What a fantasy! Like a cloud it dissipated as panelists discussed the gritty details of realizing an Alaska airship fleet: expert presentations on cargo airship production and talk about potential investment opportunities. Practical concerns like how an airship would handle Alaska's extreme and unpredictable weather. Economic problems involving customer base and infrastructure needs for supporting an airship transportation system dominated Thursday's agenda.
Frequently mentioned as possible customers were large-scale mine projects, several of which were as hypothetical as the airships themselves. They included the proposed Pebble Mine prospect and the Donlin gold mine. Ideally, airships would replace cargo transport to Bush Alaska that's currently dependent on barges and planes.
Jeff Otteson, director of the division of program development with the Alaska Department of Transportation, suggested several other possible customers for airship operations in Alaska. The U.S. Postal Service might be interested in airships as a way of driving down the cost of bypass mail, a controversial program that subsidizes mail service in rural areas of Alaska. Or maybe, he noted in a panel discussion, the Coast Guard would be interested in airships for monitoring and regulating Arctic shipping activity.
"Show them that this is a better tool in the toolbox, and they'll be all over it," Otteson said.
Airship as alternative to existing infrastructure also was a popular topic. Craig Campbell, president and CEO of Alaska Aerospace, said that reducing the expense of living in and traveling to rural locations in Alaska would be key to success for airships here.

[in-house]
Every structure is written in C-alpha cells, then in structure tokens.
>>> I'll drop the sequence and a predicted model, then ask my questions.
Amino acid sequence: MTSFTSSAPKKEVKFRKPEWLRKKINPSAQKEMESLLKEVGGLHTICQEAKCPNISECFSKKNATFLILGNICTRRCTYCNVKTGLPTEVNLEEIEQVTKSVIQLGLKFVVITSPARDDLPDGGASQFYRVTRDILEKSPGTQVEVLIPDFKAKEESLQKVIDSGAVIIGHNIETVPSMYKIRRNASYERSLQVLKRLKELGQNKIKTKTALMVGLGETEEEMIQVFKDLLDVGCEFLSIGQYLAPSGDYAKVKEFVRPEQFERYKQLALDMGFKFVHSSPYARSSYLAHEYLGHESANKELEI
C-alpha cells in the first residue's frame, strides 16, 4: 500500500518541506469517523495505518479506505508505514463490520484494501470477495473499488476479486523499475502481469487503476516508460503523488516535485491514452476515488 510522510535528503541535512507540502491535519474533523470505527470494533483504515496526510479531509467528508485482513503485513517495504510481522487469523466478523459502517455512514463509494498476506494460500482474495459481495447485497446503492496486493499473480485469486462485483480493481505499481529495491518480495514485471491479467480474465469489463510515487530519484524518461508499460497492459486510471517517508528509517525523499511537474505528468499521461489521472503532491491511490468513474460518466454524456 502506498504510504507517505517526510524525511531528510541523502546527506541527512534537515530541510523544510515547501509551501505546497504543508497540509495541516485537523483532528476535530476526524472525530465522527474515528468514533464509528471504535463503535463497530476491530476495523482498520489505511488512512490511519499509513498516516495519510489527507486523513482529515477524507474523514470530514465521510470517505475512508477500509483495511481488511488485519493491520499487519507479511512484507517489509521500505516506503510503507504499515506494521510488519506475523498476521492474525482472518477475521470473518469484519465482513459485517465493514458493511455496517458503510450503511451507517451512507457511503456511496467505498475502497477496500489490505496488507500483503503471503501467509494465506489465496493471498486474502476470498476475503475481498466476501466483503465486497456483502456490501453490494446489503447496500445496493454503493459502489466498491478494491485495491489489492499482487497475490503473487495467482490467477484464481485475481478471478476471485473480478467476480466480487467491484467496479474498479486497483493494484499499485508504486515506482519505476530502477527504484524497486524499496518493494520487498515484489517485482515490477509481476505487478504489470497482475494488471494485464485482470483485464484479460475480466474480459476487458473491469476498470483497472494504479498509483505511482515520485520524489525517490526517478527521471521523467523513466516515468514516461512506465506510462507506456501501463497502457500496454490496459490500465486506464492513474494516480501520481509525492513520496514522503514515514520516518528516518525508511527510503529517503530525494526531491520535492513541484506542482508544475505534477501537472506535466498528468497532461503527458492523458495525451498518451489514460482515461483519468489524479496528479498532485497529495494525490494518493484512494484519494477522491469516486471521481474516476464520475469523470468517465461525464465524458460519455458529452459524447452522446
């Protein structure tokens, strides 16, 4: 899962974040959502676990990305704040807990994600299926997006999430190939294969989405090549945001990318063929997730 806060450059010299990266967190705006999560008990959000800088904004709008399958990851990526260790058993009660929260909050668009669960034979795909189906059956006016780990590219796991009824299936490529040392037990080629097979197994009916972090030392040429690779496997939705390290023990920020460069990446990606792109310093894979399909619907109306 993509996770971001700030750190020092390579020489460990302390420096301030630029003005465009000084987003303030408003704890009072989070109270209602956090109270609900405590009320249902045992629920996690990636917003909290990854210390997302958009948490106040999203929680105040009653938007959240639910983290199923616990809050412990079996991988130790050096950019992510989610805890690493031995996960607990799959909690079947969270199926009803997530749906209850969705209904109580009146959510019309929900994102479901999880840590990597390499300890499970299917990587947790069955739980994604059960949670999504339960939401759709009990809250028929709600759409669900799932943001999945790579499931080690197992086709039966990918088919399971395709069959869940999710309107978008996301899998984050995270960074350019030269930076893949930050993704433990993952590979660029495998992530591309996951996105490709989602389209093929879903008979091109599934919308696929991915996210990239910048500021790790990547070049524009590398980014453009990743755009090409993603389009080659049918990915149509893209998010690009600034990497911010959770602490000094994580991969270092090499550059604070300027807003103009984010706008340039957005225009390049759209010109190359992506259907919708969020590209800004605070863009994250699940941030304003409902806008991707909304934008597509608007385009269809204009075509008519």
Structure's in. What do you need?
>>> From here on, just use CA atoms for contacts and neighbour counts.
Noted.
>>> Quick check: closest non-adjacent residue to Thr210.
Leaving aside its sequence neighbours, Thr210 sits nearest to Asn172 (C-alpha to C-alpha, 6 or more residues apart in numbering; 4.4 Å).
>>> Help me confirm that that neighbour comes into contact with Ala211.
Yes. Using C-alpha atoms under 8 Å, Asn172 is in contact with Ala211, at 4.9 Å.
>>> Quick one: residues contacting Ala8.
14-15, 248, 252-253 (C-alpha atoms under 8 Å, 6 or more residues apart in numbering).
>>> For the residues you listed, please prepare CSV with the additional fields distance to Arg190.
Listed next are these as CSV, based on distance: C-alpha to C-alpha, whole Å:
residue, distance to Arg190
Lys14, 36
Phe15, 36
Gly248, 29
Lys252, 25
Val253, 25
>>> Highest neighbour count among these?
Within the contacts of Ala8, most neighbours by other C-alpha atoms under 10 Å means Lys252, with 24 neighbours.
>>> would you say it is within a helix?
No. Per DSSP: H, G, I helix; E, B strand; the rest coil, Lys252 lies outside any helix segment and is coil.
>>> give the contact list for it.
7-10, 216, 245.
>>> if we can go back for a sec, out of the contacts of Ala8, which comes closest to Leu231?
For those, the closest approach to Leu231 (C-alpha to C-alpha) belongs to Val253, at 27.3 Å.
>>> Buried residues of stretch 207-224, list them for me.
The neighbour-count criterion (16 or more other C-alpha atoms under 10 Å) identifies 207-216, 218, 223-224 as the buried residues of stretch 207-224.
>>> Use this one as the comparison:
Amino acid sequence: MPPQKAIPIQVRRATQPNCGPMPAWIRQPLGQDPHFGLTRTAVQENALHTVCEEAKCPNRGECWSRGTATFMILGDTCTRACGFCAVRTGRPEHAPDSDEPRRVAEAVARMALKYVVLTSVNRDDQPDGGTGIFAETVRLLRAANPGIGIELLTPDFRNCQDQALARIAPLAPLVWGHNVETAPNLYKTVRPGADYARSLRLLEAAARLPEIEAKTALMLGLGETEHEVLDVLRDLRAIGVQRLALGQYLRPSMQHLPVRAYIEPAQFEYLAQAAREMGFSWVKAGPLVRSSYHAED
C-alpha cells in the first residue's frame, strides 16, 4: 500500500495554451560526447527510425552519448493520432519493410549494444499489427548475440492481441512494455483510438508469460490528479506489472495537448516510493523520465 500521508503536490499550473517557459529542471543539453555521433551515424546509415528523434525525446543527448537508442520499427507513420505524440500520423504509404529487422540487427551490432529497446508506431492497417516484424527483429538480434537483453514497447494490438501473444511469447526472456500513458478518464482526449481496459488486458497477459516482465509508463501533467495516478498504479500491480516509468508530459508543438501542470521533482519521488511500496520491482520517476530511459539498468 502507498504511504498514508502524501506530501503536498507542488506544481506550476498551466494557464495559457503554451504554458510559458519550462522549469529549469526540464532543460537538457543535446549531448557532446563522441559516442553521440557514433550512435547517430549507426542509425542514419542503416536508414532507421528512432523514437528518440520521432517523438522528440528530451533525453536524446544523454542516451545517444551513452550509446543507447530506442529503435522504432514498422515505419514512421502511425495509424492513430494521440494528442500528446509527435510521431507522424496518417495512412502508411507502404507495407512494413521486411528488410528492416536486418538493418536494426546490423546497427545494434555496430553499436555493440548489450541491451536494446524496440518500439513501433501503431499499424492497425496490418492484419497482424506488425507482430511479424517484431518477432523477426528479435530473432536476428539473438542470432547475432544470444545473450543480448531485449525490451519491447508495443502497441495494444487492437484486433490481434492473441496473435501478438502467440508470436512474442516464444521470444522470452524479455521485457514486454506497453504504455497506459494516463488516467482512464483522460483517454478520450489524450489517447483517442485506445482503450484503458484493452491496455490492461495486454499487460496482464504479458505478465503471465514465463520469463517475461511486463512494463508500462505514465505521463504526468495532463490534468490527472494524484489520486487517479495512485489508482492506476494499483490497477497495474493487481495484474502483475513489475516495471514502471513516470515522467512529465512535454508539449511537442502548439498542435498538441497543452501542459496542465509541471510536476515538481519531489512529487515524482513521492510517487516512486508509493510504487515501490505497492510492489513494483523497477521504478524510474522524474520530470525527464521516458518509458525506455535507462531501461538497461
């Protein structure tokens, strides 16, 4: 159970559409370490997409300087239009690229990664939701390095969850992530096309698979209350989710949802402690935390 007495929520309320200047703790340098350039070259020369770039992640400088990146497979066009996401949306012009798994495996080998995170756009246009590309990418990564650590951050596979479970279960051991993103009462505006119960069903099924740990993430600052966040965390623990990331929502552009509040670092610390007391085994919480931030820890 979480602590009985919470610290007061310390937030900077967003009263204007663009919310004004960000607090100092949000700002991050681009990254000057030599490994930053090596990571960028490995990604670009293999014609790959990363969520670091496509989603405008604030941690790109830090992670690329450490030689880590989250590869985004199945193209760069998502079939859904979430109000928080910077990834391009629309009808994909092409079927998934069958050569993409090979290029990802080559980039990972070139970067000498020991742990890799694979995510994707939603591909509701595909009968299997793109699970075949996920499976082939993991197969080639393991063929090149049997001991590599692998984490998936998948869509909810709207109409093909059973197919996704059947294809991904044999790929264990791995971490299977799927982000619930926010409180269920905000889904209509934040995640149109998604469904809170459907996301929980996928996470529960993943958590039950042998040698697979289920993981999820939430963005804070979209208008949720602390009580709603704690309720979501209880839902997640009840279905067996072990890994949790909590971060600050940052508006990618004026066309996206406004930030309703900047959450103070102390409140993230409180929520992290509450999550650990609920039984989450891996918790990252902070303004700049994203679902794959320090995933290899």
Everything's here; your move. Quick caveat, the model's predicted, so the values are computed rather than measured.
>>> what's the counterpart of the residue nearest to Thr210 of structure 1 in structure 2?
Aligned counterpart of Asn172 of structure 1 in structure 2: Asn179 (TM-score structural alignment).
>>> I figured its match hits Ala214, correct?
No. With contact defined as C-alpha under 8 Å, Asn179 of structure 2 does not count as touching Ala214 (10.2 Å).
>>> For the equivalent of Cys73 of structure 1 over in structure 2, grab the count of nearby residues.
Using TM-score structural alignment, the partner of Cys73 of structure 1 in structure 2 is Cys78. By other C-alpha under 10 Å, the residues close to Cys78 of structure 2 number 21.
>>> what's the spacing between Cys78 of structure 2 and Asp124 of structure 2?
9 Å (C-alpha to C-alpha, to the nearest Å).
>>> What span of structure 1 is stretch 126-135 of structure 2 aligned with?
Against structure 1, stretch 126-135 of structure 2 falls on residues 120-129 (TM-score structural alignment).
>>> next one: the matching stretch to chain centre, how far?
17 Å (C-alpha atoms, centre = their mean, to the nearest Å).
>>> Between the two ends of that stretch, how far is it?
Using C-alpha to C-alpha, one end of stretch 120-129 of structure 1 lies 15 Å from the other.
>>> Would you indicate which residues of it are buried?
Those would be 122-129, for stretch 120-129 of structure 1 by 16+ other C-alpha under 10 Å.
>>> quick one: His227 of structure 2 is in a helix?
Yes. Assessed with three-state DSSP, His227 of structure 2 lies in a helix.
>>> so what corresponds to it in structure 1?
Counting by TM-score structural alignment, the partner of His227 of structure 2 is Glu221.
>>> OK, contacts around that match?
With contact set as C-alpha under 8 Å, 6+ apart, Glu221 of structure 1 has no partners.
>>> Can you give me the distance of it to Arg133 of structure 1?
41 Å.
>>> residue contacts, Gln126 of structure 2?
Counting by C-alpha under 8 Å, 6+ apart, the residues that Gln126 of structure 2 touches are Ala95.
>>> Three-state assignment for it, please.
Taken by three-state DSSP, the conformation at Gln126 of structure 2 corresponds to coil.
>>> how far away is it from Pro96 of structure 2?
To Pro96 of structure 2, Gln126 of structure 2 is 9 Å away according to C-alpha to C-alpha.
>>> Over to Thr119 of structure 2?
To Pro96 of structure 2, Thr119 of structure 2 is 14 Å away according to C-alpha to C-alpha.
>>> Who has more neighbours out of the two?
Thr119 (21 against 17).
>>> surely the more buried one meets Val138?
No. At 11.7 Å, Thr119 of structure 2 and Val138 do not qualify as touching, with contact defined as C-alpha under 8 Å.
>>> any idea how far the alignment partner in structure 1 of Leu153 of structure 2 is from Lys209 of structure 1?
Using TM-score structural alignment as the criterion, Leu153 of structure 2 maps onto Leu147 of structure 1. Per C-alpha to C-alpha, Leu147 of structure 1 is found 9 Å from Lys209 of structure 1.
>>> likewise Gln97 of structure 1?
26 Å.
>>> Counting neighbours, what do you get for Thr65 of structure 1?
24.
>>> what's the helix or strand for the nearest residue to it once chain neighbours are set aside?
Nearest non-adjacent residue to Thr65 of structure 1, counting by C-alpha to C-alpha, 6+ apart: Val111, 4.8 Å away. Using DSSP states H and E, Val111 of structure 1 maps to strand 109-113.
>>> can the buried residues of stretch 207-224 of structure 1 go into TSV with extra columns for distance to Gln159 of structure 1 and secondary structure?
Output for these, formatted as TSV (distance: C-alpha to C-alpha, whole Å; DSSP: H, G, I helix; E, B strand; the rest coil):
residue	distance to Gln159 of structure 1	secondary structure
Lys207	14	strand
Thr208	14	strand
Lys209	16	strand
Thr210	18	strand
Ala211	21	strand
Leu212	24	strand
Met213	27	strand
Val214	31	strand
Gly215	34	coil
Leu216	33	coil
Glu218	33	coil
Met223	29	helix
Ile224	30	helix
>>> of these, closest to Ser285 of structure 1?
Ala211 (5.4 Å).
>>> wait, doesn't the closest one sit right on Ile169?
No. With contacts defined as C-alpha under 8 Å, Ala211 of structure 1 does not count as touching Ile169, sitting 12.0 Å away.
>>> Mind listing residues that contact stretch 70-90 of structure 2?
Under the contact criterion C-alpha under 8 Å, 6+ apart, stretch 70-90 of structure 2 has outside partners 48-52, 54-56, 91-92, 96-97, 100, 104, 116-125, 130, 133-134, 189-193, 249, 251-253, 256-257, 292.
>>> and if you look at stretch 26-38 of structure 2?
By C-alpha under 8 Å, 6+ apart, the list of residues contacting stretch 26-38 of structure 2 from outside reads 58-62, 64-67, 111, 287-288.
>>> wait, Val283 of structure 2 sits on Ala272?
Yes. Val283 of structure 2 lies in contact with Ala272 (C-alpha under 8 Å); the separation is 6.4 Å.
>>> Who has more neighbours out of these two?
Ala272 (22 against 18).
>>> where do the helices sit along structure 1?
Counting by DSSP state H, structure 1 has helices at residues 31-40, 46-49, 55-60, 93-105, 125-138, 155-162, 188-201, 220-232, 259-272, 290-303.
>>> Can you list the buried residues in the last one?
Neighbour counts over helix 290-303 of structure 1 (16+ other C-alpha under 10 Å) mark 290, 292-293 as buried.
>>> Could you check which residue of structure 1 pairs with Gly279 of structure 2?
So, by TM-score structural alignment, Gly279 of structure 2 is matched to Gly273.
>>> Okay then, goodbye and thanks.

"It's expensive, it's hard to get around, the road system isn't extensive," in Alaska, Campbell said. "So the solution is low-cost transportation off the road system. And that's what you could have here."
But where would the money come from? Enter AIDEA. James Hemsath, a deputy director at the Alaska Industrial Development and Export Agency, also presented to the conference on Thursday. AIDEA provides bonds and occasional ownership of Alaska infrastructure projects. He touted AIDEA's role in constructing the huge FedEx hangar at Ted Stevens Anchorage International Airport as an example of what AIDEA might bring to the table for airship development.
Unfortunately, AIDEA wouldn't be able to help with the actual construction of an airship, Hemsath said in response to a question from the audience.
"An airship doesn't fit the model," Hemsath said, saying that AIDEA's role, if any, would more likely be in infrastructure development like hangar construction, or development of helium, or assembly facilities. "We have to have a source of revenue to issue that bond."
The mood at the conference was optimistic yet short on specific, substantive commitment required for such a heady project.
But when you're trying to get an idea off the ground, you have to start somewhere.
Contact Ben Anderson at ben(at)alaskadispatch.com